This idea appears in the method provided for the election of a president. To have left the choice of the chief magistrate to a direct popular vote over the whole country would have raised a dangerous excitement, and would have given too much encouragement to candidates of merely popular gifts. To have entrusted it to Congress would have not only subjected the executive to the legislature in violation of the principle which requires these departments to be kept distinct, but have tended to make him the creature of one particular faction instead of the choice of the nation. Hence the device of a double election was adopted, perhaps with a faint reminiscence of the methods by which the doge was then still chosen at Venice and the emperor in Germany. The Constitution directs each state to choose a number of presidential electors equal to the number of its representatives in both houses of Congress. Some weeks later, these electors meet in each state on a day fixed by law, and give their votes in writing for the president and vice-president.2 The votes are transmitted, sealed up, to the capital and there opened by the president of the Senate in the presence of both houses and counted. To preserve the electors from the influence of faction, it is provided that they shall not be members of Congress, nor holders of any federal office. This plan was expected to secure the choice by the best citizens of each state, in a tranquil and deliberate way, of the man whom they in their unfettered discretion should deem fittest to be chief magistrate of the Union. Being themselves chosen electors on account of their personal merits, they would be better qualified than the masses to select an able and honourable man for president. Moreover, as the votes are counted promiscuously, and not by states, each elector’s voice would have its weight. He might be in a minority in his own state, but his vote would nevertheless tell because it would be added to those given by electors in other states for the same candidate.
No part of their scheme seems to have been regarded by the Constitution-makers of 1787 with more complacency than this,3 although no part had caused them so much perplexity. No part has so utterly belied their expectations. The presidential electors have become a mere cog-wheel in the machine; a mere contrivance for giving effect to the decision of the people. Their personal qualifications are a matter of indifference. They have no discretion, but are chosen under a pledge—a pledge of honour merely, but a pledge which has never (since 1796) been violated—to vote for a particular candidate. In choosing them the people virtually choose the president, and thus the very thing which the men of 1787 sought to prevent has happened—the president is chosen by a popular vote. Let us see how this has come to pass.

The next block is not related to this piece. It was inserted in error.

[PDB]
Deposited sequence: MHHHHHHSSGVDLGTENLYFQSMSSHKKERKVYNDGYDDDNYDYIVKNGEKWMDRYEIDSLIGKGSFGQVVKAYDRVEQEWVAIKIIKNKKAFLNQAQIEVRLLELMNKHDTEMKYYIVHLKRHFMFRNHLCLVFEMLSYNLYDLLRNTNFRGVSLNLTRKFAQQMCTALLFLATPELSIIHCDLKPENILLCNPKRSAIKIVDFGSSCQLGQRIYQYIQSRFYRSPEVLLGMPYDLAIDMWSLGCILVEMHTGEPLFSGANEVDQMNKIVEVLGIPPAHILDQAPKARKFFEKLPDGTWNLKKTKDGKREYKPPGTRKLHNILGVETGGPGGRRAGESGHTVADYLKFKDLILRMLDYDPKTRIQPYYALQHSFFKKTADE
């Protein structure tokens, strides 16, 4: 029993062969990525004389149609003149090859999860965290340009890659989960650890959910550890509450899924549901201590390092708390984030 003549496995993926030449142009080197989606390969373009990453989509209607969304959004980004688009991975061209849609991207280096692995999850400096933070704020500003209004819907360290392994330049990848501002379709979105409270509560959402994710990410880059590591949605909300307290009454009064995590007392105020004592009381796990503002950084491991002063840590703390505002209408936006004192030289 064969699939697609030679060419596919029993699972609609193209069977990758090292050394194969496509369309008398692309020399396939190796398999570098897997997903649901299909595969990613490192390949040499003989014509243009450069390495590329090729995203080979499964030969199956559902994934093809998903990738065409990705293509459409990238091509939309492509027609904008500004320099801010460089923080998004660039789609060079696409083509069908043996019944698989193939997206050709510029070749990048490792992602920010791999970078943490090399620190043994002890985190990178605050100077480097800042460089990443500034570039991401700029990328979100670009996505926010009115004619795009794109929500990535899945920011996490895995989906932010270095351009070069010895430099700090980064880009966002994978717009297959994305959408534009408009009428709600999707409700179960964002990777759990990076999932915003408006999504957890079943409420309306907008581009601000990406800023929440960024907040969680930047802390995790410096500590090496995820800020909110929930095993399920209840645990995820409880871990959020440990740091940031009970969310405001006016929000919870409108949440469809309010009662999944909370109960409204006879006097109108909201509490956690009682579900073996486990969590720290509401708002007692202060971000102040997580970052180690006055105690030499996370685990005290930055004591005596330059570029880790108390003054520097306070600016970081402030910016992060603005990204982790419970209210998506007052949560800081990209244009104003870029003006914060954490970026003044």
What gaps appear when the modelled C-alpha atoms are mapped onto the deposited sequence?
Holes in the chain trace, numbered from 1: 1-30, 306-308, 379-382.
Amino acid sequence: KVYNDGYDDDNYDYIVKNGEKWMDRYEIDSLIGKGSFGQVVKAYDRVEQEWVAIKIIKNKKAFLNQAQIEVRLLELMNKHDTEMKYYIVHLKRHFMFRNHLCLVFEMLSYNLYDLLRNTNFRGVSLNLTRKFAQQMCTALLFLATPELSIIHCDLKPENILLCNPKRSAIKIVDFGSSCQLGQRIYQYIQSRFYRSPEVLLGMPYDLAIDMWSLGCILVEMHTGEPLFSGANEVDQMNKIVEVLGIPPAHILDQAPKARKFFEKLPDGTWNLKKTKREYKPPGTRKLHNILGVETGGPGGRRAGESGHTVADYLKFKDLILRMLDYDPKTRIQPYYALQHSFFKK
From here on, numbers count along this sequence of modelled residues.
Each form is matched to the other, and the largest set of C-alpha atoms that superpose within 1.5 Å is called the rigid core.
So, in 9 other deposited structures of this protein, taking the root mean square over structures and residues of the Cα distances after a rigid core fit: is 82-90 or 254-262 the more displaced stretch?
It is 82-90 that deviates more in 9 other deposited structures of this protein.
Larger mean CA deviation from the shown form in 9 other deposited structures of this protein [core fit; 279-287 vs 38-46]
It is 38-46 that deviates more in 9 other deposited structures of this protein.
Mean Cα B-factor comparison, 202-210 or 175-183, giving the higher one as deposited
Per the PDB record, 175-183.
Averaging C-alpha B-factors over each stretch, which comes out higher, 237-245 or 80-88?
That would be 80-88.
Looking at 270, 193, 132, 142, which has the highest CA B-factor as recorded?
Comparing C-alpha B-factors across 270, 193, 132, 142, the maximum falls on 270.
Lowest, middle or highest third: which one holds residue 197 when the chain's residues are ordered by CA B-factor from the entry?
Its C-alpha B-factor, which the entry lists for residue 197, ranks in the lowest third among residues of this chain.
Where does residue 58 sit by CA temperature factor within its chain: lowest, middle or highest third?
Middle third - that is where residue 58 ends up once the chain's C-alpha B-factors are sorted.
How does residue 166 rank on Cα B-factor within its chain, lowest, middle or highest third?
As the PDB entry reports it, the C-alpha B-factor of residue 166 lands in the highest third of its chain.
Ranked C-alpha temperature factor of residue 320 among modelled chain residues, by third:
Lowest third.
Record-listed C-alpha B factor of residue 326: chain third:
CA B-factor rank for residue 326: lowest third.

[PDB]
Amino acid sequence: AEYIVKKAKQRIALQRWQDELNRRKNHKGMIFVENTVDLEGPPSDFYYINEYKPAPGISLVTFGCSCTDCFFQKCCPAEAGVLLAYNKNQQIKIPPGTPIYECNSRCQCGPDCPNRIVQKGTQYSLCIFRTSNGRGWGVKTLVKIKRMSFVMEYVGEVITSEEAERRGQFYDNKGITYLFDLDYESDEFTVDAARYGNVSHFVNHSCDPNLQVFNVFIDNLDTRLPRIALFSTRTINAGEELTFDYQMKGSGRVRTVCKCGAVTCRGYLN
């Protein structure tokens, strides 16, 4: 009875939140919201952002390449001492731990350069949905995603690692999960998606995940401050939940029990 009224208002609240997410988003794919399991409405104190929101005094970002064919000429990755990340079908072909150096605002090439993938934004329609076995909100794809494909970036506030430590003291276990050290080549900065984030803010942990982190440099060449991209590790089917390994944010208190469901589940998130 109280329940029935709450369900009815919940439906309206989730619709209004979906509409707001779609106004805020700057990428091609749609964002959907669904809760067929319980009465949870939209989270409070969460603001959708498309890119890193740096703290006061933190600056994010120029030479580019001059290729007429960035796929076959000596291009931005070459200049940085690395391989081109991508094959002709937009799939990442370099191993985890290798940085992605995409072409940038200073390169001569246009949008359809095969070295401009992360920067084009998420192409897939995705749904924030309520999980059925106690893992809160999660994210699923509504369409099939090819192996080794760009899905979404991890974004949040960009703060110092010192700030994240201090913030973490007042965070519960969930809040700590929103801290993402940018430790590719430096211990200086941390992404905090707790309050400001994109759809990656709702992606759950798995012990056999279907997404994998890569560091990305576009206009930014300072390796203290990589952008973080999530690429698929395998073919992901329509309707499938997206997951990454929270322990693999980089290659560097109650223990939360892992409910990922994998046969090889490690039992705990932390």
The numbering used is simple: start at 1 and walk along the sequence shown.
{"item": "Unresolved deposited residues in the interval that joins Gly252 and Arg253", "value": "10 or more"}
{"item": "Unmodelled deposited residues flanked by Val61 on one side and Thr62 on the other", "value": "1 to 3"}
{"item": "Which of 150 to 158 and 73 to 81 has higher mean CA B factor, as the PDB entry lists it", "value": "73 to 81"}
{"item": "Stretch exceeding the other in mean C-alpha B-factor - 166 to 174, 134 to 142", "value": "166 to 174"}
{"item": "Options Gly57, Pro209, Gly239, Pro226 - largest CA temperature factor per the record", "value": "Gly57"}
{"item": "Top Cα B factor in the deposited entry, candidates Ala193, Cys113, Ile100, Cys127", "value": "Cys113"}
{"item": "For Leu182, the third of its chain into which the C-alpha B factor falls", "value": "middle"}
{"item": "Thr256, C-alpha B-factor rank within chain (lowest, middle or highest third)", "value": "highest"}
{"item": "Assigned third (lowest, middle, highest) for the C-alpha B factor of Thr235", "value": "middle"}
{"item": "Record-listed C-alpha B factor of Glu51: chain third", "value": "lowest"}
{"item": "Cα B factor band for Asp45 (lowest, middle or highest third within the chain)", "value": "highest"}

In the first two presidential elections (in 1789 and 1792) the independence of the electors did not come into question, because everybody was for Washington, and parties had not yet been fully developed. Yet in the election of 1792 it was generally understood that electors of one way of thinking were to vote for Clinton as their second candidate (i.e, for vice-president) and those of the other side for John Adams. In the third election (1796) no pledges were exacted from electors, but the election contest in which they were chosen was conducted on party lines, and although, when the voting by the electors arrived, some few votes were scattered among other persons, there were practically only two presidential candidates before the country, John Adams and Thomas Jefferson, for the former of whom the electors of the Federalist party, for the latter those of the Republican (Democratic)4 party were expected to vote. The fourth election was a regular party struggle, carried on in obedience to party arrangements. Both Federalists and Republicans put the names of their candidates for president and vice-president before the country, and round these names the battle raged. The notion of leaving any freedom or discretion to the electors had vanished, for it was felt that an issue so great must and could be decided by the nation alone. From that day till now there has never been any question of reviving the true and original intent of the plan of double election. Even in 1876 the suggestion that the disputed election might be settled by leaving the electors free to choose, found no favor. Hence nothing has ever turned on the personality of the electors. They are now so little significant that to enable the voter to know for which set of electors his party desires him to vote, it is often thought well to put the name of the presidential candidate whose interest they represent at the top of the voting ticket on which their own names are printed. Nor need this extinction of the discretion of the electors be regretted, becase what has happened in somewhat similar cases makes it certain that the electors would have so completely fallen under the control of the party organizations as to vote simply at the bidding of the party managers. Popular election is therefore, whatever may be its defects, a healthier method, for it enables the people to reject candidates whom the low morality of party managers would approve.